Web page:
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1.
Proc Biol Sci ; 287(1931): 20201079, 2020 07 29.
Artigo em Inglês | MEDLINE | ID: mdl-32693726

RESUMO

The biological clock expresses circadian rhythms, whose endogenous period (tau) is close to 24 h. Daily resetting of the circadian clock to the 24 h natural photoperiod might induce marginal costs that would accumulate over time and forward affect fitness. It was proposed as the circadian resonance theory. For the first time, we aimed to evaluate these physiological and cognitive costs that would partially explain the mechanisms of the circadian resonance hypothesis. We evaluated the potential costs of imposing a 26 h photoperiodic regimen compared to the classical 24 h entrainment measuring several physiological and cognitive parameters (body temperature, energetic expenditure, oxidative stress, cognitive performances) in males of a non-human primate (Microcebus murinus), a nocturnal species whose endogenous period is about 23.5 h. We found significant higher resting body temperature and energy expenditure and lower cognitive performances when the photoperiodic cycle length was 26 h. Together these results suggest that a great deviation of external cycles from tau leads to daily greater energetic expenditure, and lower cognitive capacities. To our knowledge, this study is the first to highlight potential mechanisms of circadian resonance theory.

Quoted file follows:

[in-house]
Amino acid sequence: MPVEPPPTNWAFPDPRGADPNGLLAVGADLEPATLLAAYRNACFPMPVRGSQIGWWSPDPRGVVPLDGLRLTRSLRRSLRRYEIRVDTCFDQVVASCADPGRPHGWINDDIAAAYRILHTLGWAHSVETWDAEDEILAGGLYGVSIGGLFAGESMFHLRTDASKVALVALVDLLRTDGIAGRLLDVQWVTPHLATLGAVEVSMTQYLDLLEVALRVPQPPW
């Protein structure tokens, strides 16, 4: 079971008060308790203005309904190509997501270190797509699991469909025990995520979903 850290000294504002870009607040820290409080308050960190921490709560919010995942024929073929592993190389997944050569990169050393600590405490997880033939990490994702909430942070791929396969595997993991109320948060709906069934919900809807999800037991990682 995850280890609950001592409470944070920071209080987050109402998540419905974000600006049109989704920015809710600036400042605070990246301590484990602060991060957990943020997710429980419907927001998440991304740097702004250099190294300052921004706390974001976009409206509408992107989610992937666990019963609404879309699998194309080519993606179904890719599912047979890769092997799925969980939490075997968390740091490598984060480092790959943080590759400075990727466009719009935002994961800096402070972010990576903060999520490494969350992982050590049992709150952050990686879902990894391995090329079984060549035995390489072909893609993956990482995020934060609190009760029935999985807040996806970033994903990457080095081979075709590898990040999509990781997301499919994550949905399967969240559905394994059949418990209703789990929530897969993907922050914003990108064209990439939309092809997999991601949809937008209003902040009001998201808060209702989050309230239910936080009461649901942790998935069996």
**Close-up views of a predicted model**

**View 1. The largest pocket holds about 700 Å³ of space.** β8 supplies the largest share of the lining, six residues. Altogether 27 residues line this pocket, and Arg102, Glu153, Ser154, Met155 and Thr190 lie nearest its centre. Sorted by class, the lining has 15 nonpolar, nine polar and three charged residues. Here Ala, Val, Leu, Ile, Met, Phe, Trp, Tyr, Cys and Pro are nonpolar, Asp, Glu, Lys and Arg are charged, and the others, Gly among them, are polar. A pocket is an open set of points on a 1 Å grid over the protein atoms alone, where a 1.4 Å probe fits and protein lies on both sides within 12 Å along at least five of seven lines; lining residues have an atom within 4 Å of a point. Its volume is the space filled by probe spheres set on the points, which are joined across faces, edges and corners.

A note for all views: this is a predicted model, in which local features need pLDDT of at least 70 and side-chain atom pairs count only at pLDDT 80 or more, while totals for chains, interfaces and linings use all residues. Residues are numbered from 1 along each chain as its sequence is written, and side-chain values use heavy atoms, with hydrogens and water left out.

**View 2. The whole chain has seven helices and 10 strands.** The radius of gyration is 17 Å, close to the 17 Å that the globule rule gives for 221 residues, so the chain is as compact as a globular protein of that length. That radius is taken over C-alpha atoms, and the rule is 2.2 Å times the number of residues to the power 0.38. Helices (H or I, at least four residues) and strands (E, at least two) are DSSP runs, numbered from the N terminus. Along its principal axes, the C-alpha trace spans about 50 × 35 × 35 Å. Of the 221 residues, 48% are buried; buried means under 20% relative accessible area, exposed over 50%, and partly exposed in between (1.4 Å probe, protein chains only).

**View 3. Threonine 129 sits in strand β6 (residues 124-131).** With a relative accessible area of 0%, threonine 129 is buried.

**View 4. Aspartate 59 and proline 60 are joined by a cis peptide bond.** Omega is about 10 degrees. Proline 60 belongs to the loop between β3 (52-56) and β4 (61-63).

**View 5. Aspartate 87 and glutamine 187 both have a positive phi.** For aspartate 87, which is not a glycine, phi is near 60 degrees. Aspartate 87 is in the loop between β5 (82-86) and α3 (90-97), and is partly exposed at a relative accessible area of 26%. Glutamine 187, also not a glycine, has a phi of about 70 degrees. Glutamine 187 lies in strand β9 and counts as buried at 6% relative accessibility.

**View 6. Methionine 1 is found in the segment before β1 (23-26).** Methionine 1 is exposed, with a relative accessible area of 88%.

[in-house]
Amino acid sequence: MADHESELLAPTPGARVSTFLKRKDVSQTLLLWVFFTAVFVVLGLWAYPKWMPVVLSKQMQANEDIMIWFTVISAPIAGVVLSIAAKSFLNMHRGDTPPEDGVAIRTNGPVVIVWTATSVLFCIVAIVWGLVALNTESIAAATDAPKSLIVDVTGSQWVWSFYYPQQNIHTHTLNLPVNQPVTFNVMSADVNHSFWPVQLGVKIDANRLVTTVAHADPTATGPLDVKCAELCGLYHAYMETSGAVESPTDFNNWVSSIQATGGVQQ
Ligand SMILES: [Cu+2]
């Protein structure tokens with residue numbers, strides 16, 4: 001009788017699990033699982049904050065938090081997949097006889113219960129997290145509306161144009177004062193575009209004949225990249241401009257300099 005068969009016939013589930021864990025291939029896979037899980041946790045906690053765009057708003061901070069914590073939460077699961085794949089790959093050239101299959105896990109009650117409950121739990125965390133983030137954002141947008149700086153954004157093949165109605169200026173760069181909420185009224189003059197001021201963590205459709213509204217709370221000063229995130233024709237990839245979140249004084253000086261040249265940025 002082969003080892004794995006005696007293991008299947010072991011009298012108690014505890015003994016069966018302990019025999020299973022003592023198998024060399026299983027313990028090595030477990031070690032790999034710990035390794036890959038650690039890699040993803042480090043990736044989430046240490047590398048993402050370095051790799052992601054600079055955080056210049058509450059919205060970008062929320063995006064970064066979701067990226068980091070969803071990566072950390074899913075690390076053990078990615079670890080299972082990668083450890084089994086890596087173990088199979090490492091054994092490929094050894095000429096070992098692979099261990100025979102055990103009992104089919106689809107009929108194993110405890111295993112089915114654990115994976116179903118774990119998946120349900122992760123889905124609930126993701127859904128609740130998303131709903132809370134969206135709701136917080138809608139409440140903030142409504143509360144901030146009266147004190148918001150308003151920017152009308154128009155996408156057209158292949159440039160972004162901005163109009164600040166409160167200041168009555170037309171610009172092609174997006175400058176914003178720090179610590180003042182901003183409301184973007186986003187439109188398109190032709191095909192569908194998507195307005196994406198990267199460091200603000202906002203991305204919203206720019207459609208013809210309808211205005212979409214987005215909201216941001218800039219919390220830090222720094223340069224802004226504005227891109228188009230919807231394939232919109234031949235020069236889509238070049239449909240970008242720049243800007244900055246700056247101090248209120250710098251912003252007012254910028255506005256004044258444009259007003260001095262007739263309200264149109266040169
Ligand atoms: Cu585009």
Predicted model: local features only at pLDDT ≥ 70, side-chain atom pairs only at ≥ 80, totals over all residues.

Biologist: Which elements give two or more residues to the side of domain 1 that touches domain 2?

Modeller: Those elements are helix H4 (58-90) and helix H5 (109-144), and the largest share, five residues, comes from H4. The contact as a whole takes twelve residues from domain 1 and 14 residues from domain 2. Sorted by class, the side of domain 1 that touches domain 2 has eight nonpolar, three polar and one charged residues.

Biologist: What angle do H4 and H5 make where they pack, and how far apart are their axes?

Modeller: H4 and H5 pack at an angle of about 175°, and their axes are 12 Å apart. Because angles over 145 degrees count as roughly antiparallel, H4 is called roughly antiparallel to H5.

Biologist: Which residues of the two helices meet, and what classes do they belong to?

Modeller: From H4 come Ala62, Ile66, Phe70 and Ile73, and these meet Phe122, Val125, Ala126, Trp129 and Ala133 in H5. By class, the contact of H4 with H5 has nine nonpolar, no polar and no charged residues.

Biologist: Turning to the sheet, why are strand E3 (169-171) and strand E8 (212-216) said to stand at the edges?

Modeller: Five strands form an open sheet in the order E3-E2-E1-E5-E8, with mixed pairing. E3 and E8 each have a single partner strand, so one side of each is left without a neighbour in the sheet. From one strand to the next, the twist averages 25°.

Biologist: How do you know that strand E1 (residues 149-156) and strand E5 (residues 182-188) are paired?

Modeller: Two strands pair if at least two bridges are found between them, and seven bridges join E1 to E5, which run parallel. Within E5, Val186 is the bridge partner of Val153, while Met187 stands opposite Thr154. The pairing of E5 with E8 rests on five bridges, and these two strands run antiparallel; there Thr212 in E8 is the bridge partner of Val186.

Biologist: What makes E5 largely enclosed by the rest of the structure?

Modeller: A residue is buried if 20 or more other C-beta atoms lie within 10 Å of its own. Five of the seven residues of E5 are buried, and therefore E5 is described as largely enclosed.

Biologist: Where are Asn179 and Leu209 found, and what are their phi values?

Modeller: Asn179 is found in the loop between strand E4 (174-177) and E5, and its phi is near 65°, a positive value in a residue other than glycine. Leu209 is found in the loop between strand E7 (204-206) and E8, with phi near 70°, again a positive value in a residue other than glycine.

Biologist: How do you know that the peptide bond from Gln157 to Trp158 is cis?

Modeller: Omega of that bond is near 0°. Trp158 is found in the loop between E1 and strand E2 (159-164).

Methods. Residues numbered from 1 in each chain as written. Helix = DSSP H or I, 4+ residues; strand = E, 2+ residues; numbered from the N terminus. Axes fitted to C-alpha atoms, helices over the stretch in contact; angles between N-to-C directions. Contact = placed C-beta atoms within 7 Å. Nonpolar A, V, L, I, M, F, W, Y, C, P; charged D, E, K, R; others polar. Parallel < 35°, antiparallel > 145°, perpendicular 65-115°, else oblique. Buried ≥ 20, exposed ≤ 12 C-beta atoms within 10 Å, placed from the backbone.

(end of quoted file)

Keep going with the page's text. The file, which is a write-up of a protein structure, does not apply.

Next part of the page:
Assuntos
Cheirogaleidae/fisiologia , Ritmo Circadiano , Animais , Temperatura Corporal , Relógios Circadianos , Cognição , Masculino , Atividade Motora , Fotoperíodo , Vibração
2.
Hist Philos Life Sci ; 42(2): 26, 2020 Jun 11.
Artigo em Inglês | MEDLINE | ID: mdl-32529381

RESUMO